Babel: Imagining Babel
Each of the locations of BABEL has played a role in Alejandro Gonzalez Inarritu’s life. The director took a life-changing trip to Morocco at age 17, and from the minute he was first introduced to that country’s shimmering deserts and soulful mountains, he determined he would one day make a movie there. In this age of terrorism, the setting became even more relevant to Inarritu’s story of mixed up communication and mistaken motives.
Guillermo brought the argument of the two Moroccan boys to the beginning of the project. It was so powerful, beautiful and simple at the same time that it made it unique. It was first set in Tunisia but I knew I had to make it in this African-Mediterranean corner.”
Similarly, the director’s previous visits to Japan inspired him to commit to returning one day with a movie camera. In 2003, he went to that country to promote “21 Grams”, and visited a place called Hakone, a landmark mountain with steaming thermal waters that struck him as magical. The image of an old man taking care with love and dignity, of a mentally-retarded adolescent Japanese girl, while climbing up the Hakone mountain had such a powerful effect on him that it led to the idea of telling the story of a relationship between one isolated person and another. Later on, the strange and constant appearance of deaf people in that same trip, plus an erotic dream that he had of a deaf teenager in the dentist’s office was the seed of the Japanese story,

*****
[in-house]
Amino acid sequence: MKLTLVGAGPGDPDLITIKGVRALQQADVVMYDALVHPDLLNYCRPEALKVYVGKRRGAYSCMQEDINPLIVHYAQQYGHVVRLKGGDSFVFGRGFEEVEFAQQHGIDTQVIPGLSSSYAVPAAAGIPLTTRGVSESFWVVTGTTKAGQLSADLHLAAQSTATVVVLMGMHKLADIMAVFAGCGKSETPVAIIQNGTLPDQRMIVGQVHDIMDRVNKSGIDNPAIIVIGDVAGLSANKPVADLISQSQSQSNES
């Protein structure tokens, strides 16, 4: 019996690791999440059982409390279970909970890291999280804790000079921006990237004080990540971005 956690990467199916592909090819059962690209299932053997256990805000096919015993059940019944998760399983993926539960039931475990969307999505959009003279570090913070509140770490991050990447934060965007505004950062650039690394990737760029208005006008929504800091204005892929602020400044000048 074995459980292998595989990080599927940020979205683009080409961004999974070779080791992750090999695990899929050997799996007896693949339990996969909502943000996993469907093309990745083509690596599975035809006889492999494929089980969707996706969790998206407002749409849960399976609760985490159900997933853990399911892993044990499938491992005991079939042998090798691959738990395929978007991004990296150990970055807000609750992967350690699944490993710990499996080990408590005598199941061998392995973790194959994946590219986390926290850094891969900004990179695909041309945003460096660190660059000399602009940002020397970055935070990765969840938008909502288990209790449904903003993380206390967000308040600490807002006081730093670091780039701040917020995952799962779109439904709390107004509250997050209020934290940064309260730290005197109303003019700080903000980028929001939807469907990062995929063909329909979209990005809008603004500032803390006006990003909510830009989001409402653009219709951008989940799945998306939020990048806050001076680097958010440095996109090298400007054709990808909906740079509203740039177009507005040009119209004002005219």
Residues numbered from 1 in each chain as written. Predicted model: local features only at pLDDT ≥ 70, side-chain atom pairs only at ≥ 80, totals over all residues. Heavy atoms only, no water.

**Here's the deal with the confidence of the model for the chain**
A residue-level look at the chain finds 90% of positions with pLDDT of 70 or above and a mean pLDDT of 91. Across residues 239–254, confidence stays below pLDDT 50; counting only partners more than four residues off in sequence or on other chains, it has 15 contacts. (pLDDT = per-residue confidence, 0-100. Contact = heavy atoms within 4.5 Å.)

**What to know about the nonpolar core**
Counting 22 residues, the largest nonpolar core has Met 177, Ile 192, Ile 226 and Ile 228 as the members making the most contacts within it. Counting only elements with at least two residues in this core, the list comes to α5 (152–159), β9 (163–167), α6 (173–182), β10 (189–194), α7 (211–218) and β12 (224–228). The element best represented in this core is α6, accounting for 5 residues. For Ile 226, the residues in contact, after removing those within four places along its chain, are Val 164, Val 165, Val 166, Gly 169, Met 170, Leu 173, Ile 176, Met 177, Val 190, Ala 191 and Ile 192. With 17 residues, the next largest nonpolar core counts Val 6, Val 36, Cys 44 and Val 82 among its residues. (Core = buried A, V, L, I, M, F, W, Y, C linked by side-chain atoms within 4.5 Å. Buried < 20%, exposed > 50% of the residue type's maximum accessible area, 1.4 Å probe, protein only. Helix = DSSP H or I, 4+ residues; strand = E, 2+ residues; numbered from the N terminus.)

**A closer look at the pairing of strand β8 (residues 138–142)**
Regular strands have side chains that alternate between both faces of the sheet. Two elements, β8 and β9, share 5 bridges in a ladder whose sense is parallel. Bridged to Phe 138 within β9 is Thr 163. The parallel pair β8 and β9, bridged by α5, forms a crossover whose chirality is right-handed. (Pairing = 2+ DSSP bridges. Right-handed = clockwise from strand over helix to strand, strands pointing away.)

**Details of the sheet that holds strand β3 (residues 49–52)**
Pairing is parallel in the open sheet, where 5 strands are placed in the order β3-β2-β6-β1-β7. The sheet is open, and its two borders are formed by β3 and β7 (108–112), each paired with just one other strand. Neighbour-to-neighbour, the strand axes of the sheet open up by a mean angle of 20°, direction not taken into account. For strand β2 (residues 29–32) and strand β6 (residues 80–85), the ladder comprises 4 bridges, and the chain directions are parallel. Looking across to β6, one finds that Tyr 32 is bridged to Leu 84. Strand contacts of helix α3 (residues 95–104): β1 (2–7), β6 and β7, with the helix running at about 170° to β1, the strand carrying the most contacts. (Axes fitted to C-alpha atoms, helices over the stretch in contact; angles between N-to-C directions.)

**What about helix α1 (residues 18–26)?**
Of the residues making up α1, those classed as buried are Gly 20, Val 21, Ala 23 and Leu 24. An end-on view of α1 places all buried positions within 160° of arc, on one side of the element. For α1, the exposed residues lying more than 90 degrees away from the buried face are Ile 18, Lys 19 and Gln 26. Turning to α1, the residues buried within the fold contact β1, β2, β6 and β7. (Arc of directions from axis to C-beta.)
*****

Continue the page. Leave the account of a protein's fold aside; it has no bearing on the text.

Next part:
Another weighty influence on Inarritu as he forged BABEL was his own recent move from his former home in Mexico City to the United States. Inarritu knew he wanted to set one of his stories against the deadly and highly contentious border between the U.S. and Mexico. “Being an immigrant myself, I gained a clearer perspective of myself, my country and my own work. I also now understand what it feels like being a Third World citizen living in the First World country, and the complexity of its significance.”